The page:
Former Colorado Gov. John Hickenlooper recently traded his long-shot presidential candidacy for a more viable Senate bid, but Montana Gov. Steve Bullock and former Texas Rep. Beto O’Rourke have insisted they won’t follow suit.
“That is an absolute no,” Bullock said at his CNN presidential town hall.
“That would not be good enough for El Paso. That would not be good enough for this country,” O’Rourke said in a reset of his presidential campaign following the mass shootings in El Paso.
Hickenlooper, Bullock and O’Rourke hail from states with Republican-held Senate seats that the Democrats hope to flip in 2020 in efforts to regain control of the chamber.
The three represent some of their party’s best chances for Senate pickups — Hickenlooper and Bullock because they’ve governed as moderates working on both sides of the aisle and O’Rourke because he mounted a competitive challenge to Sen. Ted Cruz in 2018.
Unseating Republican senators in Colorado, Montana and Texas — along with Arizona, Maine and Georgia — is crucial to the Democrats’ aspirations to capture a majority in the Senate while keeping control of the House and electing a Democratic president, strategists say.
“We don’t win unless we have control,” said Brad Bannon, a Washington, D.C.-based Democratic consultant. “You can talk about the Green New Deal, Medicare For All, reforming the immigration process and controlling gun violence, but as long as Mitch McConnell’s the Senate majority leader, it’s all pie in the sky.”
Of the three, Hickenlooper has the best odds at defeating the incumbent senator, according to polling and political experts. An Emerson College poll of registered voters in Colorado showed the former governor leading Republican Sen. Cory Gardner, 53 percent to 40 percent. Hickenlooper's lead was helped by his strength among independents, who supported him over Gardner by a 21-point margin, the poll found.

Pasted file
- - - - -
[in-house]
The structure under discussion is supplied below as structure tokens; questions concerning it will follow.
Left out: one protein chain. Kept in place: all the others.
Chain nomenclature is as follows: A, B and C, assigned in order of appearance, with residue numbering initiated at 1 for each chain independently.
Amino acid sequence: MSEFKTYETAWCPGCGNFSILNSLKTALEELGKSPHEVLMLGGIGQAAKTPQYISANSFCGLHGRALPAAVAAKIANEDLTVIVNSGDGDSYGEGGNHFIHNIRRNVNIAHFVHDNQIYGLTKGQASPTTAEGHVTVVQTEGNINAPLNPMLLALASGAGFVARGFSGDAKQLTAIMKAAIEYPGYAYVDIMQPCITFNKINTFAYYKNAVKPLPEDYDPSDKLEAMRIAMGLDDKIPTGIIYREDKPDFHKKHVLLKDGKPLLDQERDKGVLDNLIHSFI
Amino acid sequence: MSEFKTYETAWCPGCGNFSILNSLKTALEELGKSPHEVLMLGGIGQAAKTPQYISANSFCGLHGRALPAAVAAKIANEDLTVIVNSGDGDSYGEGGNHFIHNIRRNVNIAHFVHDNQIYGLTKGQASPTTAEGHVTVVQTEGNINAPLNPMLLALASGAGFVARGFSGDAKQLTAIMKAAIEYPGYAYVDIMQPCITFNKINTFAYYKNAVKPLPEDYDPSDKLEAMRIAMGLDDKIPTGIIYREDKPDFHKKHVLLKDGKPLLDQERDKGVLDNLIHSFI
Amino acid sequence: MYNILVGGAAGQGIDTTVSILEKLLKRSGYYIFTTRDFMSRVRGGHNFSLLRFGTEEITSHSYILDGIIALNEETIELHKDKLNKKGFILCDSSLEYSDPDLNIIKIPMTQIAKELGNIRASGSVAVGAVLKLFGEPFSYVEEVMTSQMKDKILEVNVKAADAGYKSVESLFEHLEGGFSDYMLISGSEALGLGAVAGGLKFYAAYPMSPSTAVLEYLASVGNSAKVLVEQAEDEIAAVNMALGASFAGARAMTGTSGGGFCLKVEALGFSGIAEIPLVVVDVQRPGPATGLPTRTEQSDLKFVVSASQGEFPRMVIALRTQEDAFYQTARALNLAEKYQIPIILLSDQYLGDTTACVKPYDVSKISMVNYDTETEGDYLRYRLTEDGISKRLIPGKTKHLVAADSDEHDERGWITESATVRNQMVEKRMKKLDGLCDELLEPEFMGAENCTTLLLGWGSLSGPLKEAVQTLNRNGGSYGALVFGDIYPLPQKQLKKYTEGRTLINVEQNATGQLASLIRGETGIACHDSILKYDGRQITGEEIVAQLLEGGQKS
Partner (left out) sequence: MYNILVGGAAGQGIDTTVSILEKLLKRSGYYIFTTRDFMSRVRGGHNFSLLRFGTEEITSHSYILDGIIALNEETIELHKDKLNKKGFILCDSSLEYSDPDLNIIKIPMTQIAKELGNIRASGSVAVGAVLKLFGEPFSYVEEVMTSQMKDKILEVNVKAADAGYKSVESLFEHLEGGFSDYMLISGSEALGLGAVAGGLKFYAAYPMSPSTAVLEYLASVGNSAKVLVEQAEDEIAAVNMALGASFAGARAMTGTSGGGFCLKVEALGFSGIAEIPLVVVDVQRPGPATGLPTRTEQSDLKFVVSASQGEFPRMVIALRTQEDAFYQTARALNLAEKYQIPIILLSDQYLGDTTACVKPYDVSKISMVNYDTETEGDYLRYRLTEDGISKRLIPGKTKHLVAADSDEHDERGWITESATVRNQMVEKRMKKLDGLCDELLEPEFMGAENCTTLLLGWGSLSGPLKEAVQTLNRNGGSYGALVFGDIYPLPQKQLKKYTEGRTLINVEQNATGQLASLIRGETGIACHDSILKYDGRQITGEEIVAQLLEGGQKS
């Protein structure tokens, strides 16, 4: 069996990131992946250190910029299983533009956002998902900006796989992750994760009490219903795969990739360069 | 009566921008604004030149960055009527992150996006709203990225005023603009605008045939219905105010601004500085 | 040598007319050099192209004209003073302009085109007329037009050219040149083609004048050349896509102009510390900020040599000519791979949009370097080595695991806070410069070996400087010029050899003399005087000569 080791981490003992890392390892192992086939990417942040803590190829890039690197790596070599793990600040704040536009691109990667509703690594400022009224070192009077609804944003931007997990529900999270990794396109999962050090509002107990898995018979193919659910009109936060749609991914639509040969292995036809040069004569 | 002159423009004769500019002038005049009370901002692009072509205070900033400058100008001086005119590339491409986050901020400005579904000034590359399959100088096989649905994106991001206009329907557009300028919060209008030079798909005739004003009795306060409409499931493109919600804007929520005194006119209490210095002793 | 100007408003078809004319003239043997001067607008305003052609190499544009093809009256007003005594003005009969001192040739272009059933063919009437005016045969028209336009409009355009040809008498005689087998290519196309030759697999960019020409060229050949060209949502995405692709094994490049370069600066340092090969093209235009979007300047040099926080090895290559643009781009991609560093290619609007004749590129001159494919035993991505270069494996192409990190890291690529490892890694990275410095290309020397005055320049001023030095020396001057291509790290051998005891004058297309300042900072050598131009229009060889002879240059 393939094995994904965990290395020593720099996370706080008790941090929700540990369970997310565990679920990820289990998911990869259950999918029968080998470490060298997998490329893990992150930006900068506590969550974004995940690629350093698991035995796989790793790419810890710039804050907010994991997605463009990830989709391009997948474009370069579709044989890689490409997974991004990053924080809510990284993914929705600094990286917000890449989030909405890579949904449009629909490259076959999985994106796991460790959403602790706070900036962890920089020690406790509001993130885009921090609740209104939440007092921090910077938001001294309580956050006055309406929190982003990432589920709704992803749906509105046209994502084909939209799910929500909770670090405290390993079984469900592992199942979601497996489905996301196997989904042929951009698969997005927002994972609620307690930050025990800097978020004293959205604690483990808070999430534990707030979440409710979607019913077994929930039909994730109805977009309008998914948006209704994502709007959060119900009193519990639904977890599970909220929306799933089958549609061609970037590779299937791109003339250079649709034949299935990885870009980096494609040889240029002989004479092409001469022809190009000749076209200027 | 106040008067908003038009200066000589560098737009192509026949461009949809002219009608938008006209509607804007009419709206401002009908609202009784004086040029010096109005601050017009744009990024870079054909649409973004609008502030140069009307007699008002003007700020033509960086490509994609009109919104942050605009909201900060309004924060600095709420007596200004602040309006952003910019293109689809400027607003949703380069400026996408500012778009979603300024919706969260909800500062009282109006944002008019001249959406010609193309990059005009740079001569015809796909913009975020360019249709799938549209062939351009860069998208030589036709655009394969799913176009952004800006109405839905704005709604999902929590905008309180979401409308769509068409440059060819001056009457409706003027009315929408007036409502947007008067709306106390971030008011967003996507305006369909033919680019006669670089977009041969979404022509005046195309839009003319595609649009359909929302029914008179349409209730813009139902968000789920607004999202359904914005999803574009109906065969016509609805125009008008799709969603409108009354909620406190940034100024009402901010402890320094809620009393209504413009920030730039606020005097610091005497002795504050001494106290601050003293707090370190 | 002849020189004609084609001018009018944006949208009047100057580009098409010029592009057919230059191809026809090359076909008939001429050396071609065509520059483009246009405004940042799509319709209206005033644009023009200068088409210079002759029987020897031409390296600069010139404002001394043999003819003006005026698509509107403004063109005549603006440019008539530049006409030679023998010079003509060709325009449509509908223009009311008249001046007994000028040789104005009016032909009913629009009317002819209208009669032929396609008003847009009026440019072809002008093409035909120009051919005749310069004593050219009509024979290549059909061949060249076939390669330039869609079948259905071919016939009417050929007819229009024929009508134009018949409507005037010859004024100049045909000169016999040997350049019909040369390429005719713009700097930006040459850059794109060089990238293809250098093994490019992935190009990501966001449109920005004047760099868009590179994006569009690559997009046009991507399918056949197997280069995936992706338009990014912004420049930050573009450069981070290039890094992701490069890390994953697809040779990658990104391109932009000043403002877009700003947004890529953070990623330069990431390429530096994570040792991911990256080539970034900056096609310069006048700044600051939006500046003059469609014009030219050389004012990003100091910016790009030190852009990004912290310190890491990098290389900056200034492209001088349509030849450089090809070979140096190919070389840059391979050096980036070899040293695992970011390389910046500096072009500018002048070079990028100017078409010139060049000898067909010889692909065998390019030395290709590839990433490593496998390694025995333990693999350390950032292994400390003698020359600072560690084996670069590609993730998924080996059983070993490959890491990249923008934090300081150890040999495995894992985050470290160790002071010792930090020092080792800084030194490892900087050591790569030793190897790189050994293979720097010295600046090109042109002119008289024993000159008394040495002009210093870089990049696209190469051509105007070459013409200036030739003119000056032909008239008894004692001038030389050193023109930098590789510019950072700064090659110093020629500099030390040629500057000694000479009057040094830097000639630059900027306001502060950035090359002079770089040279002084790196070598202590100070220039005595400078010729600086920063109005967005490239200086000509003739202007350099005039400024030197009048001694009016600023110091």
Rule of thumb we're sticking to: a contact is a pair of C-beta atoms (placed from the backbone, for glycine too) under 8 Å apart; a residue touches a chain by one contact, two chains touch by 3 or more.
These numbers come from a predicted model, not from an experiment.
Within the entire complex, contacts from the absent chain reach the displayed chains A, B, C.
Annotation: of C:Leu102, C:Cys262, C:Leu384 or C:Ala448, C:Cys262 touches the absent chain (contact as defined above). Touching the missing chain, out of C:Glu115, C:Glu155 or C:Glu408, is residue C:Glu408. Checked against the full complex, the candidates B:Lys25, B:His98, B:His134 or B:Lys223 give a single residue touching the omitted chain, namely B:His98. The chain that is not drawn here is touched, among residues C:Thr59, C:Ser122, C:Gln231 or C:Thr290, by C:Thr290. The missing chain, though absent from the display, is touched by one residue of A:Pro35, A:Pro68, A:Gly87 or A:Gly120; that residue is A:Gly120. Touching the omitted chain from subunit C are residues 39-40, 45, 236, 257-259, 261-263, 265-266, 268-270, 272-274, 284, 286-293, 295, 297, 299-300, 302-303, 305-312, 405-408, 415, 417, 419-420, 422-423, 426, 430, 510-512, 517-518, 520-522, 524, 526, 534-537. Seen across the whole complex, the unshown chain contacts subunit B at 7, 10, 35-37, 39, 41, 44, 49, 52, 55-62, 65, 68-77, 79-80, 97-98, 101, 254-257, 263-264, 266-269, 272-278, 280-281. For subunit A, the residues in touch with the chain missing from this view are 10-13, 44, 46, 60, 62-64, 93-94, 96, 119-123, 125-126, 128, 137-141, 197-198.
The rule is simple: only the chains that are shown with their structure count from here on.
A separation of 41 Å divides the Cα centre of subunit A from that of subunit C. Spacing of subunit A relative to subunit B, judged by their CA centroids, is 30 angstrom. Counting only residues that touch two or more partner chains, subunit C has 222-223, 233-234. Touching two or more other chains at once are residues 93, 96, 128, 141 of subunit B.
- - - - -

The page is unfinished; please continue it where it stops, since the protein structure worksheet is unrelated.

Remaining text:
Hickenlooper, a former geologist, mayor of Denver and two-term governor, backed methane emissions restrictions in his state but also supported hydraulic fracturing, or fracking.
"He is liked across the political spectrum," said Curtis Hubbard, whose Denver-based firm, OnSight Public Affairs, worked on Hickenlooper's gubernatorial races.
Meanwhile, in Texas, a poll conducted by Emerson College for The Dallas Morning News found the Democratic primary race to be "wide open" for the seat held by Republican Sen. John Cornyn. It also showed Cornyn with only a 37 percent job approval rating and found that 51 percent of Democrats said O'Rourke should run for Senate instead of the White House.
The Houston Chronicle editorial board after the shootings in El Paso called on O’Rourke, who served three terms in the House and lost to Cruz by only 2.6 points in 2018, to run again for senator.
“The chances of winning the race you’re in now are vanishingly small,” the editorial board wrote. “And Texas needs you.”
In Montana, Bullock faces pressure to challenge Republican Sen. Steve Daines, a vocal supporter of Republican President Donald Trump. Bullock, who ushered a Medicaid expansion through Montana's Republican legislature, was re-elected governor in 2016 in a state that Trump won by 23 percent.
Lee Banville, a University of Montana journalism professor and political analyst, noted that Bullock is one of the few Democrats in Montana who has run repeated, successful statewide campaigns, but called the Senate election “Daines’ race to lose.”
Hickenlooper as a presidential candidate had publicly shrugged off pressure to run for Senate. "I don't think that's my calling," he said in July.
But in an Aug. 22 video announcing his Senate candidacy, the former Colorado governor said: "I’ve always said Washington was a lousy place for a guy like me who wants to get things done. But this is no time to walk away from the table.”
Strategists note that O’Rourke and Bullock have time to change their minds and abandon their presidential bids for Senate ones.
Texas’ filing deadline is Dec. 9. Montana’s is March 9, 2020.